Birding update

I see I forgot a couple of things in my last post.

Also ubiquitous are the Stellar’s jays. As I think I’ve noted before, they are particularly bright and beautiful this year. They are also particularly friendly, and they hang out around the house in ways they have not done in the past.

I’m not a great fan of jays. They raid other birds’ nests, make a lot of noise, and are generally obnoxious. But for some reason, I’m enjoying ours this year.

But more than that, in my last post I dealt entirely with the visual.

I forgot to mention the pileated woodpecker that is driving us all nuts. He seems to stay across the river. But he’s been laughing at some particularly raucous joke almost non-stop for two days. He moves up and down the terrain, but he keeps laughing.  Remember Woody Woodpecker? He sounds just like that. It’s amusing at 3 p.m., not so great at 6 a.m.

While I’m talking about sound, I forgot to mention the baby red-tailed hawks. They’re flying, and you can’t help but notice. They fly along with this sound that is either “help me, help me” or “look at me, see what I’ve learned to do.” Either way, it’s interesting.


4 Responses to “Birding update”

  1. Philip Ferris Says:

    If it didn’t seem to be your actual computer I would have specualted that maybe the woodpecker is having a go at your phone line.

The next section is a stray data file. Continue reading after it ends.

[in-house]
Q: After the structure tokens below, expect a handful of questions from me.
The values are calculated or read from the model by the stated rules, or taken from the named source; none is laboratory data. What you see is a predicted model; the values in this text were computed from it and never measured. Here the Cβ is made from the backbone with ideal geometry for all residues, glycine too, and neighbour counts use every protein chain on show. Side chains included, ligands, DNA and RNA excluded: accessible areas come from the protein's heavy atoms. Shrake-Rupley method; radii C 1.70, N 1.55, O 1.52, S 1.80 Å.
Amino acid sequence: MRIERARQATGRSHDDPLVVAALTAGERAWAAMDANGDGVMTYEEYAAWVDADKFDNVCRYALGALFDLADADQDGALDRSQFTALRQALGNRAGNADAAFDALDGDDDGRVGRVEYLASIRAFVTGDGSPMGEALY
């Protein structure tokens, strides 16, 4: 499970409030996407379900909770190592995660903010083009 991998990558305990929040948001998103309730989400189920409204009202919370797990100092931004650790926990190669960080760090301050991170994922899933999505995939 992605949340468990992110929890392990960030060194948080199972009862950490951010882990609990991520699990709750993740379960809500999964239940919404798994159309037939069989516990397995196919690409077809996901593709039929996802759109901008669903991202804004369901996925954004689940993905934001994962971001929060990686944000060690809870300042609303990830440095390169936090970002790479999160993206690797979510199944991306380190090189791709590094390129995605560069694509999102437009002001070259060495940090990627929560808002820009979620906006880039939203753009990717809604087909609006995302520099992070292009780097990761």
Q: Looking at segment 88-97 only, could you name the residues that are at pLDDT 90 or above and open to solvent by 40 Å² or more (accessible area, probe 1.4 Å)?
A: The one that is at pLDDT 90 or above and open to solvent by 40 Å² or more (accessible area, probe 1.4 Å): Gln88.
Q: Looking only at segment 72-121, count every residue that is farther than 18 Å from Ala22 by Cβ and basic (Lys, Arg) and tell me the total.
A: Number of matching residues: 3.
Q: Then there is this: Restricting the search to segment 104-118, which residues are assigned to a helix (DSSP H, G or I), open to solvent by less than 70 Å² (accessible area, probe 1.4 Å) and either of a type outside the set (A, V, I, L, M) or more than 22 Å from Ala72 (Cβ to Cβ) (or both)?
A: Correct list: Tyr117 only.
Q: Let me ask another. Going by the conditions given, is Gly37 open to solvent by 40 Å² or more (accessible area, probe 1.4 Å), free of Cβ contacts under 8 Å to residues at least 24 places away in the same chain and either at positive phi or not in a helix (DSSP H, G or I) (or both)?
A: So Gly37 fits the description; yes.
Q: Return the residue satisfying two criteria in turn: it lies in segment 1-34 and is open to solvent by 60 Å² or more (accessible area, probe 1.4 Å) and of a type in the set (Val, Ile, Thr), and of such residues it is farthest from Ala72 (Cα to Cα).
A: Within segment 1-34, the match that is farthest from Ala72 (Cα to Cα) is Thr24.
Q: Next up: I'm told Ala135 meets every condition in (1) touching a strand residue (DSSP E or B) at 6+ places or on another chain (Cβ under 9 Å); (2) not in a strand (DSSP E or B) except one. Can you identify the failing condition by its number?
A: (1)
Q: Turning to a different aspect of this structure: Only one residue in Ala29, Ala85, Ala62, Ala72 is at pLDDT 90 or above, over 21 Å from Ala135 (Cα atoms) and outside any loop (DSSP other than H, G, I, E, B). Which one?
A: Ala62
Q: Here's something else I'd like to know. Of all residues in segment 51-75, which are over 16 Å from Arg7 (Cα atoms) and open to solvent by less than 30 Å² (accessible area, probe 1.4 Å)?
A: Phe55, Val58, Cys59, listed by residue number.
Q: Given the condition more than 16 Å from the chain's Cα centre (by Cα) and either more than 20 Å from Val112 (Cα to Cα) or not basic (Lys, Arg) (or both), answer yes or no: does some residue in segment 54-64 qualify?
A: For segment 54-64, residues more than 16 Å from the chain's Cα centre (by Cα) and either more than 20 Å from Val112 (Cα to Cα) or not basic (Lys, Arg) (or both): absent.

2. mklekacz Says:

    The woodpeckers knock their brains out on the metal plates on the telephone poles, but my phone line is just fine, thank you. For the moment, my computer seems to be also fine.

  3. OmbudsBen Says:

    Walking the dogs home from mother-in-law’s brunch (the ladies went off on a confab of their own; I exercised the hounds) I heard that singular rat-a-tat-tat off in the distance. I’ve heard this woodpecker several times lately in the neighborhood, and always look around at older or dying trees to find him, but hadn’t spotted him until yesterday.

    He wasn’t one of the acorn woodpeckers I’ve seen here in CA, either. One of the ladderbacked species, but I don’t know which one — probably a downy or hairy. I’d have stayed to watch a bit more to figure out his size (diagnostic) but Edie and Ernie had other ideas on how to spend their time out and about from the house.

    As they had waited patiently in the backseat of the car while we dined, maintaining their pace on a walk was the least I could do.

    I agree with you about steller’s jays. Jays in general are pretty opportunistic. I’ve had a few feuding in our backyard lately, one using our deck as his command post–they are flashy.

    I like pileateds. Haven’t seen one for years. I’m quietly skeptical that anyone actually saw an ivory-billed in the Arkansas riparian woods. They got no photo, and I wonder if it couldn’t have been a mutation of some sort that made it look like an ivory-billed.

    At any rate, the lack of a subsequent sighting in spite of *intense* interest makes me skeptical. Hope my skepticism is unfounded.

  4. mklekacz Says:

    We have a lot of the pileated variety. You see them only occasionally, but as I think I noted, hear them frequently, sometimes more than you want. They also have a different sound when feeding. It’s much more serious than the smaller woodpeckers, can sound like someone building.

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